For a fairly skilled squirt / u10 up through to more advanced players, a slip under where they have a lot of time to plan out the needed skating and puckhandling is not a really tough task. However, if you have them cup the puck to the outside of a power turn and then have to quickly pull it across their body shortly after the turn to get to a slip-under position and then execute the slip under, only fairly advanced players will thrive early on. This is the idea of tight sequencing. It eliminates "recovery time" after some skill challenge and forces players to quickly adapt, whatever position they find themselves and the puck in.

The quick clip above is an example of a tight sequence of slip under and skating interactions.

Simultaneous Skating and Puckhandling Requirements

At a certain stage, skaters become comfortable with the more challenging agility movements of the game. Transitions and Mohawks are probably at the upper end of this for movements used commonly in a game. However, these can be made not so easy if there is intricate hands work prescribed at the same time. Slip-under drills can facilitate this. It is common for the back side of a slip under device to be used to facilitate a multitasking challenge like this just before or just after interacting with the "business end of the device" (the stick-simulating end).

The above clip is queued up to show a few examples of intricate skating mixed in with slip under device interactions.

Additional Detail Requirements

How should we position the puck or be deceptive right before a slip under? How should we push off to "change lanes" over to the side the puck is going to when encountering a slip under device head on? What about rolling the puck to the toe of the blade and using the toe to lateralize the movement of the puck under the device? Or how about maneuvering the stick around the simulated stick shaft (when using a stick-simulating slip under device) by sliding the bottom hand down the shaft and pulling the stick back toward our body? These are all great (and, in a few cases, advanced) habits that can be developed and can really help make slip unders actually work in game situations. Players can't really handle all those details when first starting their work on slip unders. But, these demands can be ramped up as they get good.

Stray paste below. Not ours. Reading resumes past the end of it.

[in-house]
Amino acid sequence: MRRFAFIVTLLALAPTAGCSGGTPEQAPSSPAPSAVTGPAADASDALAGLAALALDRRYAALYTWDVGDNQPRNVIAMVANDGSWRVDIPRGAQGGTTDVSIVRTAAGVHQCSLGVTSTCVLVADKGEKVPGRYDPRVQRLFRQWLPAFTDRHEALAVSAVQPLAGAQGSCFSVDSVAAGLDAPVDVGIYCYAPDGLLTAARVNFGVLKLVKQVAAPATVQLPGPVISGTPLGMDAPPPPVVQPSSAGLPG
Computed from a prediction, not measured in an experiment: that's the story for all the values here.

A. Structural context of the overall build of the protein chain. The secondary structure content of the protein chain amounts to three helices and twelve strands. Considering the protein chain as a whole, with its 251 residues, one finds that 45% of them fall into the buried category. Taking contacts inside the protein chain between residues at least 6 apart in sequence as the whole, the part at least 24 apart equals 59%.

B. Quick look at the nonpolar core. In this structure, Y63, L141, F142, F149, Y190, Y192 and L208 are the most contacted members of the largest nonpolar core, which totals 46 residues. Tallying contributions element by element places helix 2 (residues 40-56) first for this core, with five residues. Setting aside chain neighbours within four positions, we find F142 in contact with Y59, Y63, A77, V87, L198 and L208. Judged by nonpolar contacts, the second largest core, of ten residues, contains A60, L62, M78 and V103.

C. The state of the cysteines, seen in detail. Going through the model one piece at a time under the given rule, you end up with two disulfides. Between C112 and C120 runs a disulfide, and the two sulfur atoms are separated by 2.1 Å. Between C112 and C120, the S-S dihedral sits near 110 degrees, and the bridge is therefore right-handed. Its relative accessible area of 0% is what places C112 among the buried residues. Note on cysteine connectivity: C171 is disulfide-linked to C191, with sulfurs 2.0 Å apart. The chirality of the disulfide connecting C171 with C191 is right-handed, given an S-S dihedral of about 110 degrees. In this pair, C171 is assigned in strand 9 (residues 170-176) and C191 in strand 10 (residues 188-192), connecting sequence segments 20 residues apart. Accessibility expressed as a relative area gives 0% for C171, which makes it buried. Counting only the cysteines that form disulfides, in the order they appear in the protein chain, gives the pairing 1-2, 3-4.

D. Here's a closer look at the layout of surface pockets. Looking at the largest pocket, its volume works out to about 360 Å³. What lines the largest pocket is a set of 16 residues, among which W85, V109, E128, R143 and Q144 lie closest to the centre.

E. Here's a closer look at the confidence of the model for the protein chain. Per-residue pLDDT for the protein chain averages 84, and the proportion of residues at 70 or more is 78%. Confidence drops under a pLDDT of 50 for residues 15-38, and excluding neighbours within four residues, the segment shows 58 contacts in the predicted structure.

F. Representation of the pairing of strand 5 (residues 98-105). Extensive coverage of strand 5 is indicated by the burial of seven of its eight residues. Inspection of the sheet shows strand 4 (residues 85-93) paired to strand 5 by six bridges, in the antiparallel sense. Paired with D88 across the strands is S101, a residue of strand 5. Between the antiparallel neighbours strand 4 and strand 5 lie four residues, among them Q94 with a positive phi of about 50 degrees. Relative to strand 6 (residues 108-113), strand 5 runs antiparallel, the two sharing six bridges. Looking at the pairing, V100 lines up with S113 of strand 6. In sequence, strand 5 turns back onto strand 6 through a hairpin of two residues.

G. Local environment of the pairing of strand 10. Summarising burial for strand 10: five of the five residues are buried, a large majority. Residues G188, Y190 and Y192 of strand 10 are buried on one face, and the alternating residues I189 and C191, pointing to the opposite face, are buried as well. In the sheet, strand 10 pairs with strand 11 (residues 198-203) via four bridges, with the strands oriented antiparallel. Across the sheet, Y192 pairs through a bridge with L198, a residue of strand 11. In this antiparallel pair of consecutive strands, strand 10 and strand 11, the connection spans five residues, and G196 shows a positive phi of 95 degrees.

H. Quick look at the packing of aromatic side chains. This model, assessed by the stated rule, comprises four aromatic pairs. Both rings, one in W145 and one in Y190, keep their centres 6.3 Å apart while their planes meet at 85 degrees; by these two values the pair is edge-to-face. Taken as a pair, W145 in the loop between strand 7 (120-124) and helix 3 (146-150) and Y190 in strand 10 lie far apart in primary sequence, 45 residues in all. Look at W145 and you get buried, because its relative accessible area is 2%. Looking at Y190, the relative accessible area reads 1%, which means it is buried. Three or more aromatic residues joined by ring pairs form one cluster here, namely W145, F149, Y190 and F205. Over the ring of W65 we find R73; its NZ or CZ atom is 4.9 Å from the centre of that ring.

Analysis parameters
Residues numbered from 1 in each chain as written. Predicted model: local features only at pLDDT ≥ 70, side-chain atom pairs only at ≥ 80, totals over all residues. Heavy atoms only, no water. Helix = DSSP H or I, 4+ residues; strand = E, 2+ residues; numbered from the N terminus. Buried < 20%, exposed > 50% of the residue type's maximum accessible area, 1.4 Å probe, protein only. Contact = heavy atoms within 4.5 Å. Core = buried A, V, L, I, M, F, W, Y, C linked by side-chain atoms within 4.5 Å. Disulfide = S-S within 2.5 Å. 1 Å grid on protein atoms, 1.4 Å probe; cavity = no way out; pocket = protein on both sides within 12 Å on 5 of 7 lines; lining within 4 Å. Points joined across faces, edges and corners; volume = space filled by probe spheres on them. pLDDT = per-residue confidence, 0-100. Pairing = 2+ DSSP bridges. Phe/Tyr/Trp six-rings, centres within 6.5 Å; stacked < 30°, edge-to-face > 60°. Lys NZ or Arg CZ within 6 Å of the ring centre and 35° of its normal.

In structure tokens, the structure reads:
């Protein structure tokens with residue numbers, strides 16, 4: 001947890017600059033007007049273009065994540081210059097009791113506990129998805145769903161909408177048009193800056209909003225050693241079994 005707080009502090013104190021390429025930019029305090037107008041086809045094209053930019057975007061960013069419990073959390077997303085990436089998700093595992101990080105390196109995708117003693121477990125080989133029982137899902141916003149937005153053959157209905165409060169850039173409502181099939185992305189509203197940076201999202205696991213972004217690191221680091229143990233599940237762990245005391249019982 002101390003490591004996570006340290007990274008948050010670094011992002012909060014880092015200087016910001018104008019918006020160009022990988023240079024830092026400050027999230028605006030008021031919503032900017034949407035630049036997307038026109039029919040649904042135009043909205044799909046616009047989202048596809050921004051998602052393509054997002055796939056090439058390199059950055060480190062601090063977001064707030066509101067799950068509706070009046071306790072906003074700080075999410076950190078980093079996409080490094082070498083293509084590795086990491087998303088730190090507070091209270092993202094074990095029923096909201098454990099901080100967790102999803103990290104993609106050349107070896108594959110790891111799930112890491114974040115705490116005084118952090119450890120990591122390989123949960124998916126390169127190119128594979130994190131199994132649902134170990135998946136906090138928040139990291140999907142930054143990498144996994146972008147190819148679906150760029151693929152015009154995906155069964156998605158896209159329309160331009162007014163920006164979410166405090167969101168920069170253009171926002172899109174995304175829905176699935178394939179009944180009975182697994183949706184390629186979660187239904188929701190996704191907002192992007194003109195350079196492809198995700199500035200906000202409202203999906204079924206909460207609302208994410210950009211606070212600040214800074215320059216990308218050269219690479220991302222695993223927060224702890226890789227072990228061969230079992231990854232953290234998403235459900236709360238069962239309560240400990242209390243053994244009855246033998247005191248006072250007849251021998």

The above video explains some of the details that one can bring to bear on slip-under technique in a stationary setting. Adding in on-ice footwork provides even more details to build into great habits.

Device Modes

Some slip under devices, in particular The FÉNIX, offer a variety of set ups that represent changes in difficulty. In easy mode, it can act as just a simple bridge that the puck can go under. We can also get the simulated stick shaft involved. In the case of the FÉNIX the shaft has multiple positions that can offer a different level of difficulty (it can be harder or easier depending on the angle the stick shaft makes with the ice).

The above clip is queued up to share the usefulness of two of the four stick-shaft positions the FÉNIX is able to provide.

As a coach there is a lot to play with here. In any one practice or even week of practices, it may be the case that it is best not to overwhelm oneself with the possibilities and just focus on one or two of the above parameters to keep things challenging as players progress!